in 1980 and affects up to six percent of the U.S. population. It is not a mood state but rather an ingrained set of traits, a programming of the brain that is thought to arise in childhood as a result of parenting that either puts a child on a pedestal and superficially inflates the ego or, conversely, withholds approval and requires the child to single-handedly build up his or her own ego to survive. Either way, this impedes the development of a realistic sense of self and instead fosters a ‘false self,’ a grandiose narrative of one’s own importance that needs constant support and affirmation — or “narcissistic supply” — to ward off an otherwise prevailing sense of emptiness. Of all personality disorders, NPD is among the least responsive to treatment for the obvious reason that narcissists typically do not, or cannot, admit that they are flawed.”

We all likely have known someone with NPD, for example, a family member or acquaintance that cannot take responsibility for his or her mistakes and deflects blame on to others.

This all becomes a dire concern when the person with NPD is the commander-in-chief of U.S. military forces.

In a letter to the New York Times in February, dozens of psychiatrists, psychologist and social workers warned:

Mr. Trump’s speech and actions demonstrate an inability to tolerate views different from his own, leading to rage reactions. His words and behavior suggest a profound inability to empathize. Individuals with these traits distort reality to suit their psychological state, attacking facts and those who convey them (journalists, scientists).

In a powerful leader, these attacks are likely to increase, as his personal myth of greatness appears to be confirmed. We believe that the grave emotional instability indicated by Mr. Trump’s speech and actions makes him incapable of serving safely as president.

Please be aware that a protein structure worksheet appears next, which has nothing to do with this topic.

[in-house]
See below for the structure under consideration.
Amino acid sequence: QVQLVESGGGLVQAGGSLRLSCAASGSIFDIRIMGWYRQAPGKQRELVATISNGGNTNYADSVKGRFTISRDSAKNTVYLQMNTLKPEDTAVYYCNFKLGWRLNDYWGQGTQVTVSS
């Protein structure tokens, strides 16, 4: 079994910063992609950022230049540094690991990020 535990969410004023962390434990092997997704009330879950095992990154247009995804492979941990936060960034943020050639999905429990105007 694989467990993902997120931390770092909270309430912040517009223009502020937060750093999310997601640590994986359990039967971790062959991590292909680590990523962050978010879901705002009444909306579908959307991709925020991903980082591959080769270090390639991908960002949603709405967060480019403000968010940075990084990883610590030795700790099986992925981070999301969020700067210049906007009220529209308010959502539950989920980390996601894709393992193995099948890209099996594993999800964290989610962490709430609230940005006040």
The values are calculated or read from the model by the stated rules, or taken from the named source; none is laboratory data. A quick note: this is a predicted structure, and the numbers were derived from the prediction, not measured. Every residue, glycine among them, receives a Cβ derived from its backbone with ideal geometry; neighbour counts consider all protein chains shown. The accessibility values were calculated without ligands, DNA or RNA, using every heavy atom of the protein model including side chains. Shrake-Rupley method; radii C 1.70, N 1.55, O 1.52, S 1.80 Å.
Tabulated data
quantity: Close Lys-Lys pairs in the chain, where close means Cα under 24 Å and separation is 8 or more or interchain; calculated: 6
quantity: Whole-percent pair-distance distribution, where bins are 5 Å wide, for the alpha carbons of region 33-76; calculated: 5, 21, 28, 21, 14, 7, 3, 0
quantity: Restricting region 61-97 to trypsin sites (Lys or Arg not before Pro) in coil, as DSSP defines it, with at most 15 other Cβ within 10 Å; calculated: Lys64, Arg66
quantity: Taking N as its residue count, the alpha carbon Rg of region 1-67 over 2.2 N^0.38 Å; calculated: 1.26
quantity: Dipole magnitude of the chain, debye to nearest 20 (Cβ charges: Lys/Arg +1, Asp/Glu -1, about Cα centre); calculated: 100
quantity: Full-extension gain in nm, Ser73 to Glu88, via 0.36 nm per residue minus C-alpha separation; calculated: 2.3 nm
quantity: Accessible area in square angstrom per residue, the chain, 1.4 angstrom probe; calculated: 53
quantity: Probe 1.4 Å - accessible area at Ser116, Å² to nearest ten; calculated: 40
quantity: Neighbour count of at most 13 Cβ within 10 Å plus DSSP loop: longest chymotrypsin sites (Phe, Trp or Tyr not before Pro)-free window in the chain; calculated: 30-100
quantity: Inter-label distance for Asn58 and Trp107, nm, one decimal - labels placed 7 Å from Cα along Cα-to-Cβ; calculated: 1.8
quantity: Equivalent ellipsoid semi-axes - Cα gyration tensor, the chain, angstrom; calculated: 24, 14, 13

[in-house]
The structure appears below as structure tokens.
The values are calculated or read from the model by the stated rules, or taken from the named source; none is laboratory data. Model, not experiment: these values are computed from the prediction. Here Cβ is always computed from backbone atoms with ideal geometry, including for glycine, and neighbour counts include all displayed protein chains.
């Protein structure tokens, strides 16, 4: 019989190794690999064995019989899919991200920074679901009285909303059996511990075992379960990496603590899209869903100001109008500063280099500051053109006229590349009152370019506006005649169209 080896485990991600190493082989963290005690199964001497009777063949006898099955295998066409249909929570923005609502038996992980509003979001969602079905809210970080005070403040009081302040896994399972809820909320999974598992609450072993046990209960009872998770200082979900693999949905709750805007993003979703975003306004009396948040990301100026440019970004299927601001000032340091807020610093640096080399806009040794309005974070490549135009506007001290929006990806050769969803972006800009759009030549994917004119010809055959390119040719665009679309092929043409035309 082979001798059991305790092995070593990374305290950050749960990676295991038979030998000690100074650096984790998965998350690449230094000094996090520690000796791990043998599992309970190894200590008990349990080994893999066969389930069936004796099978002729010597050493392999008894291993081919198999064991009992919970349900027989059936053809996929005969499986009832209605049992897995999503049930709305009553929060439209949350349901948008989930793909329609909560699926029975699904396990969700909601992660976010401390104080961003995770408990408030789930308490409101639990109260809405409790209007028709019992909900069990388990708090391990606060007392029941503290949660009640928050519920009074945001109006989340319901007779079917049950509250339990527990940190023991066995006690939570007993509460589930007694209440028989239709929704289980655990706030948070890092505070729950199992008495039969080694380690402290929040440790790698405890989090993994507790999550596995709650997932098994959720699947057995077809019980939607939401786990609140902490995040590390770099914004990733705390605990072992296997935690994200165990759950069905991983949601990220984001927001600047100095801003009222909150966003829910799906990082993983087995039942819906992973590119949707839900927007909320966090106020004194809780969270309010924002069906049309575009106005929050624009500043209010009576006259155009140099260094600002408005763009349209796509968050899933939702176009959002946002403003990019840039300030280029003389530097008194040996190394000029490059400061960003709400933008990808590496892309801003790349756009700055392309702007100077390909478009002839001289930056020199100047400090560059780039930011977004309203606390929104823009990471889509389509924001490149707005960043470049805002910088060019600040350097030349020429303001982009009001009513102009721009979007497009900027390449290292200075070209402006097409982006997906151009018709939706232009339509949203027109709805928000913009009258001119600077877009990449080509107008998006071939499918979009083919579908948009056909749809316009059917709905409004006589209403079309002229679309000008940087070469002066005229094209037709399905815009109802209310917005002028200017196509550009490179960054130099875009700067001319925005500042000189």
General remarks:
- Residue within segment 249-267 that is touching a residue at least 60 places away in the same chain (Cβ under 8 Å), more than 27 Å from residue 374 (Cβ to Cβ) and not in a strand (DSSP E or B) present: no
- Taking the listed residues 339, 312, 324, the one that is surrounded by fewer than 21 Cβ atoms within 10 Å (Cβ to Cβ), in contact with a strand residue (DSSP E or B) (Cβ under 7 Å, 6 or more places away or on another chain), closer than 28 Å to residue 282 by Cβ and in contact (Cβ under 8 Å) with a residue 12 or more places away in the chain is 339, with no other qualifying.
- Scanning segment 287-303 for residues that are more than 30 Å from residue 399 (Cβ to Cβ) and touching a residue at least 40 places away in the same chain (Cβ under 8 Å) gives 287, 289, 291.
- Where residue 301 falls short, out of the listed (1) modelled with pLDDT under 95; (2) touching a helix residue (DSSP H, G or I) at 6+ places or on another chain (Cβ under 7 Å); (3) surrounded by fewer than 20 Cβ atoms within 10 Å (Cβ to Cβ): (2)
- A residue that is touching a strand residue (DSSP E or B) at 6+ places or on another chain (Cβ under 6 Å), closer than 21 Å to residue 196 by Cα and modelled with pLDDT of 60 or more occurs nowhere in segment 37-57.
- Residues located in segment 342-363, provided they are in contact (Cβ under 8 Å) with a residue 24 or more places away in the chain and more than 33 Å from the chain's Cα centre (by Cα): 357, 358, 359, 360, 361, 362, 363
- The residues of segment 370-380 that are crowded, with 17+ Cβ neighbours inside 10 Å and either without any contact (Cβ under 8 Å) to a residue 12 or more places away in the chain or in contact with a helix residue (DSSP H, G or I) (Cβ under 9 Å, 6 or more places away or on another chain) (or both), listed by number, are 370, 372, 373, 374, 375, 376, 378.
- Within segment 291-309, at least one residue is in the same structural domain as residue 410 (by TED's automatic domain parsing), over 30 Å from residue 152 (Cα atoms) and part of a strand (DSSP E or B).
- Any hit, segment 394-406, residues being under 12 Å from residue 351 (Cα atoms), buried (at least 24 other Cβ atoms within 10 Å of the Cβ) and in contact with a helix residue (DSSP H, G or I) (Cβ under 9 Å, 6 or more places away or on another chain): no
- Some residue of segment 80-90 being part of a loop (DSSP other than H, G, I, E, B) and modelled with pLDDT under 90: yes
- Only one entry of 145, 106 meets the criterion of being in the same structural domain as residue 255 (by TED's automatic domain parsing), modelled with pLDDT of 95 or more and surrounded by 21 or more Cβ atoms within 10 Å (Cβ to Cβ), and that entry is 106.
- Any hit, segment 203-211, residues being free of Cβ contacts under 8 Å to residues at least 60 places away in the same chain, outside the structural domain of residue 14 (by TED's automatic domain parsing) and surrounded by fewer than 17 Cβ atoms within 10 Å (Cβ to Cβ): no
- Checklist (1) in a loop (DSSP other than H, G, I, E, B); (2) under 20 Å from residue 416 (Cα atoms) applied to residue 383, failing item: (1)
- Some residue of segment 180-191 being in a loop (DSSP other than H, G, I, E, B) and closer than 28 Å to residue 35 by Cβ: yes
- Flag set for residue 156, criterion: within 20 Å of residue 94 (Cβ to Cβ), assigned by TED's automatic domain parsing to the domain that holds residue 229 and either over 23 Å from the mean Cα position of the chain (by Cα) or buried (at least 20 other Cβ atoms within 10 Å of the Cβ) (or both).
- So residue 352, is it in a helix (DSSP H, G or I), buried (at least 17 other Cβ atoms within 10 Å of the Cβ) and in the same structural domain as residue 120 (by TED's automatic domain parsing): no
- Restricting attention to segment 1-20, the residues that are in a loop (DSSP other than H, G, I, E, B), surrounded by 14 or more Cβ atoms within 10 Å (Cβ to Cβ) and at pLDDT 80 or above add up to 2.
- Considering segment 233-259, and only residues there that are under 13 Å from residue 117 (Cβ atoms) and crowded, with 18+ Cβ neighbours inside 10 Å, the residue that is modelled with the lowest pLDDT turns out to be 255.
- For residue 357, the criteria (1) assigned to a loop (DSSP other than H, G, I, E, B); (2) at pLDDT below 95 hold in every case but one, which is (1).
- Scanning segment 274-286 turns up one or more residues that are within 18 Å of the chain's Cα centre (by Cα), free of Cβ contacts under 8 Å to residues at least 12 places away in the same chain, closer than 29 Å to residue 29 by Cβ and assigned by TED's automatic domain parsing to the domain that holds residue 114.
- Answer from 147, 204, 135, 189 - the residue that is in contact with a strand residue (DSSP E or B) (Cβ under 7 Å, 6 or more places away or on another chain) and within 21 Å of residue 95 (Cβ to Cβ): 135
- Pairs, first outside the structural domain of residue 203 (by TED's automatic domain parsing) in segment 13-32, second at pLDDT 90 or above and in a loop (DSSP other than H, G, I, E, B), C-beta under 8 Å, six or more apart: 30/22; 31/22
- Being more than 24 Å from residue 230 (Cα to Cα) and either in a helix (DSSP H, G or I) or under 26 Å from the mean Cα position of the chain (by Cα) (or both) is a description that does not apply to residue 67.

The letter’s two named signees were Dr. Lance Dodes, a retired assistant clinical professor of psychiatry at Harvard Medical School, and Dr. Joseph Schachter, a former chairman of the Committee on Research Proposals, International Psychoanalytic Association.

The letter’s authors noted that their warning violated the so-called Goldwater Rule, a self-imposed dictum from mental health organizations against evaluating public figures. The reference is to 1964 Republican presidential candidate Barry Goldwater, who was branded by some medical experts as mentally unstable and not to be trusted with the nation’s nuclear launch codes.

In violating the Goldwater Rule, the authors and signees of the letter noted thatsilence has resulted in a failure to lend our expertise to worried journalists and members of Congress at this critical time. We fear that too much is at stake to be silent any longer.”

The path to remove the current president is not clear. A Republican-dominated House likely will not impeach Trump, minus some truly catastrophic event. There is also the untested 25th Amendment, which has a section that outlines a procedure for removing a president that is “unable to discharge the powers and duties of his office.”

For the sake of our country and the well-being of the world, Trump must be removed from office.

— Mordecai Specktor / editor [at] ajwnews [dot] com

(American Jewish World, 5.19.17)

Leave a Reply